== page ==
But their efforts have failed to impress. In his State of the Union address to the European parliament on Wednesday, EU chief executive Jean-Claude Juncker said that only legislation would force the companies to do the right thing. Under the proposed EU directive, they must within an hour take down any content that incites or advocates extremist offenses or shows how to commit such offenses or promotes extremist groups. If they miss that deadline they will face hefty fines of up to 4 percent of their annual global turnover, although they will also have the right to challenge removal orders. “One hour is the decisive time window (during which) the greatest damage takes place,” Juncker said.
Mughal agreed that “the greatest dissemination of hate” happens in the first hour after posting. But the directive must be accepted by all 28 EU member states and also requires each country to put in place the capacity to identify extremist content online. “But what if the different states have different ideas about what constitutes extremist or hate speech? There is no single set of laws on this and the EU’s snail-like pace in tackling the far right is hardly encouraging.”
There are solutions, he added. One is to re-classify all social media firms as publishers. “Publishers already bear responsibilities under the law, which means they can be taken to court and made to change. Or there should be an independent arbitrator with the power to impose fines. At the moment, if the police need to get involved, it is the public purse paying for a problem created by Facebook.”
In a statement, Facebook defended secret groups as places where people could come together “in a safe way to discuss sensitive issues which might otherwise put them at risk in their society.”
The statement went on: “Like all parts of Facebook, people in these groups must adhere to our Community Standards, which lay out what is and isn’t allowed on our service. These include strict rules around hate speech, harassment, bullying and terrorist and extremist content. When people break these rules, including in secret groups, we take action.”
The company has invested in security to detect problem content “without anyone needing to report it,” and of the 2.5 million pieces of hate speech removed from Facebook since January, 38 percent were “proactively flagged” by Facebook before anyone reported it.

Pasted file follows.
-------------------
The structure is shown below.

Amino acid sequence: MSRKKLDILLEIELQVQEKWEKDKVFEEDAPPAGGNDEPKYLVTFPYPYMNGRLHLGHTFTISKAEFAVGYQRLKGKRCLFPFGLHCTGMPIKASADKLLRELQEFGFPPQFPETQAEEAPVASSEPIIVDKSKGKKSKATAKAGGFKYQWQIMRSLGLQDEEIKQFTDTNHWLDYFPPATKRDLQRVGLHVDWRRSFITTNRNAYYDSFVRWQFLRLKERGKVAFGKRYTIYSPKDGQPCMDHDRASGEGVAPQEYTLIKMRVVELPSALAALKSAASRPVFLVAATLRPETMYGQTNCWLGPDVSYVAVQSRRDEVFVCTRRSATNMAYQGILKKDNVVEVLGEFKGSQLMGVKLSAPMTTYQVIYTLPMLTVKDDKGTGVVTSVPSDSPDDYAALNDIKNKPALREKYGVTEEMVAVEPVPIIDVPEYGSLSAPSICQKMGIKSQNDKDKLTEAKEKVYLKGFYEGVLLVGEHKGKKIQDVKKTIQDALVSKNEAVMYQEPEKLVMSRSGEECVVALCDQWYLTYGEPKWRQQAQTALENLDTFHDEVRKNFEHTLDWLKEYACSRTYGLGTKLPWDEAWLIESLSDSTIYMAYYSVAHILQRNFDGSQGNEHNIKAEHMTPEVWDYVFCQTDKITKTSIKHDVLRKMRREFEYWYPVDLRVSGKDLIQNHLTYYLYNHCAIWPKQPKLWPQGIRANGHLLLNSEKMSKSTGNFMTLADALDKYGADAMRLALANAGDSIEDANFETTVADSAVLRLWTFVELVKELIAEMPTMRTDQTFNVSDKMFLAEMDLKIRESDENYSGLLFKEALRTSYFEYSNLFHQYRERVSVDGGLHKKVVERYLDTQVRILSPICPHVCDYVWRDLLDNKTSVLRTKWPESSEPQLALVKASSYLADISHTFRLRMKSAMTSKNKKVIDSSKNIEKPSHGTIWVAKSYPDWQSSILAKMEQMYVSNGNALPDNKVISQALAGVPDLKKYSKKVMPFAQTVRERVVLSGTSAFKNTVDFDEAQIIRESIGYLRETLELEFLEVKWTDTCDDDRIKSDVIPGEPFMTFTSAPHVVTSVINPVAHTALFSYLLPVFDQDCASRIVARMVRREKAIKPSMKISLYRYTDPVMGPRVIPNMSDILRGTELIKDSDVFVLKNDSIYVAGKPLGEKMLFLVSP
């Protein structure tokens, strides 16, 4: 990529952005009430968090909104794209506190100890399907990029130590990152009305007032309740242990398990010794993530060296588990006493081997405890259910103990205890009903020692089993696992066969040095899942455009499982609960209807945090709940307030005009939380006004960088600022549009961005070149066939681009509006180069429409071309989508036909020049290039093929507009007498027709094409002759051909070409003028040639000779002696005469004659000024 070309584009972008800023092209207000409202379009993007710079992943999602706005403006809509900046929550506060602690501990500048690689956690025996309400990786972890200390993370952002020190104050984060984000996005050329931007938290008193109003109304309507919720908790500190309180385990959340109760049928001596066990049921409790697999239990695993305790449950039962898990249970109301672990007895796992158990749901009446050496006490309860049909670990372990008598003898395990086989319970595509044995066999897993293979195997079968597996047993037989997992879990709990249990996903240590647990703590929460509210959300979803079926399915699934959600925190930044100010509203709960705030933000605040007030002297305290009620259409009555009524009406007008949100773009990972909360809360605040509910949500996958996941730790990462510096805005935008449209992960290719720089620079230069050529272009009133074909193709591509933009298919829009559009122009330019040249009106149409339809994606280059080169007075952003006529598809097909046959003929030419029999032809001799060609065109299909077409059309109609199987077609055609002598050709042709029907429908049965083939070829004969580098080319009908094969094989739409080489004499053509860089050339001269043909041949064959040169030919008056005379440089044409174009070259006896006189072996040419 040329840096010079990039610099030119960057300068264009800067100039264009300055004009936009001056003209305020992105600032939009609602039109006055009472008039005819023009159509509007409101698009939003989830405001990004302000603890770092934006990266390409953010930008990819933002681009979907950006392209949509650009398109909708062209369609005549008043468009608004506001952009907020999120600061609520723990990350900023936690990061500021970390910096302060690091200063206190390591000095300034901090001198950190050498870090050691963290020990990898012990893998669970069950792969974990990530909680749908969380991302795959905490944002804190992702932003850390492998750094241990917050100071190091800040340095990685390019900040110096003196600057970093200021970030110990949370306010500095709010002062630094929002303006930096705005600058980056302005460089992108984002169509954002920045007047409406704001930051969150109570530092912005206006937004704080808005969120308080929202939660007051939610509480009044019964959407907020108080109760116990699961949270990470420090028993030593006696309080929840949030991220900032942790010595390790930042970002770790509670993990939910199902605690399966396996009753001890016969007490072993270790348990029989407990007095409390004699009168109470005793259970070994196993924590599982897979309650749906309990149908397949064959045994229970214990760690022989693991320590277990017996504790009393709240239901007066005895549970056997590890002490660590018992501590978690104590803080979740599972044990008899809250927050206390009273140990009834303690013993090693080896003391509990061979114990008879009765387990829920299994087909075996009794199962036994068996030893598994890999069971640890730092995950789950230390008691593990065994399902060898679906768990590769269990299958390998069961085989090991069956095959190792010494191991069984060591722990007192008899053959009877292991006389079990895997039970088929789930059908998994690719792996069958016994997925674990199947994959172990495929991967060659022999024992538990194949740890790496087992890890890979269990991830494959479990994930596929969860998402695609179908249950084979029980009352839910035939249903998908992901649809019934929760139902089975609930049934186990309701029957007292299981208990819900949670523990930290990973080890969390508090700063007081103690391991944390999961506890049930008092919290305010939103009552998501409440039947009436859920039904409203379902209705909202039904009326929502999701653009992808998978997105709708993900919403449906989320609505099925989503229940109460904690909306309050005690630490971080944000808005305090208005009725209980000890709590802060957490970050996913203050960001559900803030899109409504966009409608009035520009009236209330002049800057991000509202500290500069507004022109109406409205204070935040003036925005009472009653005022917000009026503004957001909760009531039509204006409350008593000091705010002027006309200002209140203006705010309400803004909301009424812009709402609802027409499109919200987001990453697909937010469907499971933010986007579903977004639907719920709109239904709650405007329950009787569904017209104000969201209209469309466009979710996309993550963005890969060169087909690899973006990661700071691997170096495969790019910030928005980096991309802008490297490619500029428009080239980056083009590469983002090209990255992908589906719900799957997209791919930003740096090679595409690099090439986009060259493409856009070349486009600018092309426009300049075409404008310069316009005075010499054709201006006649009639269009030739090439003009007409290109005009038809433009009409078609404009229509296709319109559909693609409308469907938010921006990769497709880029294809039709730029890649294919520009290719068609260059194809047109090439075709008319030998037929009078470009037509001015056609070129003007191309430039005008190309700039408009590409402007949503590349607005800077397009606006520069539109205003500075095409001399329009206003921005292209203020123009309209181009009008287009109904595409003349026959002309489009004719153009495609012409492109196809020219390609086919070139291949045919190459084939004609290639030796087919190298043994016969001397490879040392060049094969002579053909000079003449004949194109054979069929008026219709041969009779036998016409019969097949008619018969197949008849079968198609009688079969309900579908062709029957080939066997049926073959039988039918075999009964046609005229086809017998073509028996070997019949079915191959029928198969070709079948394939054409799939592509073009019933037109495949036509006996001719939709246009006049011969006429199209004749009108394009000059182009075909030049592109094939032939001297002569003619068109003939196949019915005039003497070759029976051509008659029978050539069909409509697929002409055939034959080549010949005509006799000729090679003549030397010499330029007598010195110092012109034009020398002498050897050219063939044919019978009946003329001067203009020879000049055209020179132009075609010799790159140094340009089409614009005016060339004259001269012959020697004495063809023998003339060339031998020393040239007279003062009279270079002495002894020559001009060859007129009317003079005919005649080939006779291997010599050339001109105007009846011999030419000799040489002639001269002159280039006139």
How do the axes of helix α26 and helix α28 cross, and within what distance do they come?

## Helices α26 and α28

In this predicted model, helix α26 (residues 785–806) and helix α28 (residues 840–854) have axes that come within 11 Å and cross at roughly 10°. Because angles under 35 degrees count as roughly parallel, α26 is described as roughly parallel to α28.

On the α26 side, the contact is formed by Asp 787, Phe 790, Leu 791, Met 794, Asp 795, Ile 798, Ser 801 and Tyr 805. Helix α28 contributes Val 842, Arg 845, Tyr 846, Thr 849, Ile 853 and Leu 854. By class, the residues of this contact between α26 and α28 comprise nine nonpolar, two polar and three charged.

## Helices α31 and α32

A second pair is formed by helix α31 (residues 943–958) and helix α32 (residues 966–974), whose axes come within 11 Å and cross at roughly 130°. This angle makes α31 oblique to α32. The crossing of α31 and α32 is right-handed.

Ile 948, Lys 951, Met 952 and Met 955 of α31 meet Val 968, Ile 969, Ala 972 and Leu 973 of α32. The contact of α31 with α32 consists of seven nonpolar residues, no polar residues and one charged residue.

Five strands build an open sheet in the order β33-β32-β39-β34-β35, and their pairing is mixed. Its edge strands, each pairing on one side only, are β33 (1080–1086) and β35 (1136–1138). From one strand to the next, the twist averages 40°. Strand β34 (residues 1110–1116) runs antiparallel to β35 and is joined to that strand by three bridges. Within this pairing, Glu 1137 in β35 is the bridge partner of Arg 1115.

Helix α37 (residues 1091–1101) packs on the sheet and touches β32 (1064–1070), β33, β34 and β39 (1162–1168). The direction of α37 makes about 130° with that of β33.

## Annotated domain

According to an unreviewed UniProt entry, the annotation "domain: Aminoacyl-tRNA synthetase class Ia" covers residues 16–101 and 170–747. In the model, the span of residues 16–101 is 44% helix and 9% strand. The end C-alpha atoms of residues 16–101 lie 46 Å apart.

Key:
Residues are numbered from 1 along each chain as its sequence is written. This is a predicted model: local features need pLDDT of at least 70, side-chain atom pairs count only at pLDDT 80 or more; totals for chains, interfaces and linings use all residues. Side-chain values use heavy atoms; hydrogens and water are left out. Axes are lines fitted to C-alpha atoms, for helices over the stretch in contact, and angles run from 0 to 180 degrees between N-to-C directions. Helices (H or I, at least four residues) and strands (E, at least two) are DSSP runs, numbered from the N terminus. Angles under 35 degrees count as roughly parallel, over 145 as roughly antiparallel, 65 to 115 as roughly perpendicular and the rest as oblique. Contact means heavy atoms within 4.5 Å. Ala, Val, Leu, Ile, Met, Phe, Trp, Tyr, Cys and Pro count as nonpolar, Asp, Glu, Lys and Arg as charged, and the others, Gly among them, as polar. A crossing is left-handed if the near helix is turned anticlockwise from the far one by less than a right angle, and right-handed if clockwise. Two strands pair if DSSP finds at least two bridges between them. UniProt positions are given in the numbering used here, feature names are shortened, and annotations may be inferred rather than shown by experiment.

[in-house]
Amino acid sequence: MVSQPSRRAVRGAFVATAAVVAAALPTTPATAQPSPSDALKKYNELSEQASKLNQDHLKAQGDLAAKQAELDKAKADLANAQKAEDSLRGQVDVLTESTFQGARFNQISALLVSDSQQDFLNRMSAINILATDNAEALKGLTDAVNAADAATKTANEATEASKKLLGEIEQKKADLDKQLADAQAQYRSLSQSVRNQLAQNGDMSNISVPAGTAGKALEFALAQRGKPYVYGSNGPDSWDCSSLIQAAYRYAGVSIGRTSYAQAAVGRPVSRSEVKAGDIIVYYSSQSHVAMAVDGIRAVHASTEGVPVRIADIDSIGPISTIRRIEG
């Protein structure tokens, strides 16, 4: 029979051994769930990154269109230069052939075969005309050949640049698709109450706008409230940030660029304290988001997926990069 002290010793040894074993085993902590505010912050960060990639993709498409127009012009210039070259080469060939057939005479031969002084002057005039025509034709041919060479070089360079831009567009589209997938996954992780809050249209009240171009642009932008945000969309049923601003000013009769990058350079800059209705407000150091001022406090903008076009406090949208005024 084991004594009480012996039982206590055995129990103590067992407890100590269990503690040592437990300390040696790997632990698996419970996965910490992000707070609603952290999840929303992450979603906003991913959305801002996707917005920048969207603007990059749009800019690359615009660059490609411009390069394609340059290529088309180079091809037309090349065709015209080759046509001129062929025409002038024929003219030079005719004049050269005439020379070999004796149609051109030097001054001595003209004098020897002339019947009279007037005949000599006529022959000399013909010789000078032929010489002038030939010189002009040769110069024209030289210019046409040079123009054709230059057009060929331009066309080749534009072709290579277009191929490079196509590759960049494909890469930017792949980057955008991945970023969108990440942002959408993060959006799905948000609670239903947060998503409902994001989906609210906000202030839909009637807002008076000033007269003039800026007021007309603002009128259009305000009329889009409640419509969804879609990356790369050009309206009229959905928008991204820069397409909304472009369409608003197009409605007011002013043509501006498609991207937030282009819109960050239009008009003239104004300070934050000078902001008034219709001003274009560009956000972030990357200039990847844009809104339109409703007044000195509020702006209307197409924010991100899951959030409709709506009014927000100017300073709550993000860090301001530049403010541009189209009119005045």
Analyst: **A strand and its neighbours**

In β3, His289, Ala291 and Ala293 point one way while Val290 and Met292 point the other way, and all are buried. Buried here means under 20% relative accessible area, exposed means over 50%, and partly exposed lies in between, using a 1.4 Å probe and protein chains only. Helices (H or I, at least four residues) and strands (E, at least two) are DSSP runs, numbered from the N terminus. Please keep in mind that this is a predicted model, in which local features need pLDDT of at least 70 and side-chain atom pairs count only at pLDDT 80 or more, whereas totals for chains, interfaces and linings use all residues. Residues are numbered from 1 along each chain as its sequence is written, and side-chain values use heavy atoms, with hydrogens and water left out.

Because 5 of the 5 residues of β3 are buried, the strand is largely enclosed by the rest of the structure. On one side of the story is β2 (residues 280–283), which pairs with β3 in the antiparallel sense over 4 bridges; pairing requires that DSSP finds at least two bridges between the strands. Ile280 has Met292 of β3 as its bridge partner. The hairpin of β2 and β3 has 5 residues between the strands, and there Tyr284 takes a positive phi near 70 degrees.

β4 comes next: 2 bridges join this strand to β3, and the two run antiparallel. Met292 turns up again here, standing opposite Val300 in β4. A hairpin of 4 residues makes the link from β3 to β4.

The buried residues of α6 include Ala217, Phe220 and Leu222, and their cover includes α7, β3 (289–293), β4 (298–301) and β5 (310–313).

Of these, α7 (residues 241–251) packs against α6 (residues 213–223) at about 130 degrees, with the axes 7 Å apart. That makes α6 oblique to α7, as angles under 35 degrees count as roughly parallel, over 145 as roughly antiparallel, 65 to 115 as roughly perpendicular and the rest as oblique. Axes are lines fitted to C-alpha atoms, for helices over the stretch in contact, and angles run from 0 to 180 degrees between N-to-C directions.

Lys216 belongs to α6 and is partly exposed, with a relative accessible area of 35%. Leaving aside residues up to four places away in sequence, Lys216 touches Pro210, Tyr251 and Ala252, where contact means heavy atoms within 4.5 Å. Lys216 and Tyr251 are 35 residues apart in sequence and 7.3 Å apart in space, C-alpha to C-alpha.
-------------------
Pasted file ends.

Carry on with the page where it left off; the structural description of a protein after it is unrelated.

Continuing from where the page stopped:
On the EU directive, Facebook said: ”There is no place for terrorism on Facebook, and we share the goal of the European Commission to fight it and believe that it is only through a common effort across companies, civil society and institutions that results can be achieved. We’ve made significant strides finding and removing terrorist propaganda quickly and at scale, but we know we can do more.”
Twitter and Google did not respond to requests for comment.

REVIEW: Second season of Sacred Games mirrors the ills of today's India

Updated 17 August 2019

REVIEW: Second season of Sacred Games mirrors the ills of today's India

CHENNAI: The first season of “Sacred Games” last year was a hit, and the second edition, which began streaming on Netflix on Aug. 15, may be even more so.

The eight episodes explore some of India's most pressing current issues such as a nuclear threat, terrorism and inter-religious animosity dating back to the country's 1947 partition. It. It also addresses how religious men can indulge in the most unholy of acts, including helping corrupt politicians.

Some of the greatest films have had conflict and war as their backdrop: “Gone with the Wind,” “Casablanca,” “Ben-Hur” and “Garam Hawa,” to mention a few. The second season of “Sacred Games” also unfolds in such a scenario, with terrorism and inter-communal disharmony having a rippling effect on the nation.

Directed by Anurag Kashyap (“Gangs of Wasseypur,” “Black Friday”) and Neeraj Ghaywan (“Masaan,” which premiered at Cannes in 2015), the web series, based on Vikram Chandra's 2006 novel, unfolds with Ganesh Gaitonde (played by Nawazuddin Siddiqui) escaping from prison and finding himself in Mombasa. He has been carted there by an agent of India's

Research and Analysis Wing, Kusum Devi Yadav (Amruta Subhash), who forces him to help find Shahid Khan (Ranvir Shorey), the mastermind behind bomb blasts and terror attacks.

In Mumbai, police inspector Sartaj (Saif Ali Khan) has just two weeks to save the city from a nuclear attack, which Gaitonde had warned him about. Both men love Mumbai and do not want it to be destroyed. But religious extremist Khanna Guruji (Pankaj Tripathi) and his chief disciple Batya Ableman (Kalki Koechlin) believe that only such a catastrophic destruction can help cleanse society and bring a cleaner, saner new order.

A narrative of deceit, betrayal, love and longing, the second season has a plodding start, but picks up steam from the fourth episode, with Sartaj and his men racing against time to find a nuclear time bomb that could wipe out Mumbai. Crude dialogue and a constant doomsday atmosphere could have been avoided, but riveting performances by the lead pair – Khan and Siddiqui (though he is getting typecast in this kind of role) – and nail-biting thrills make this Netflix original dramatically captivating.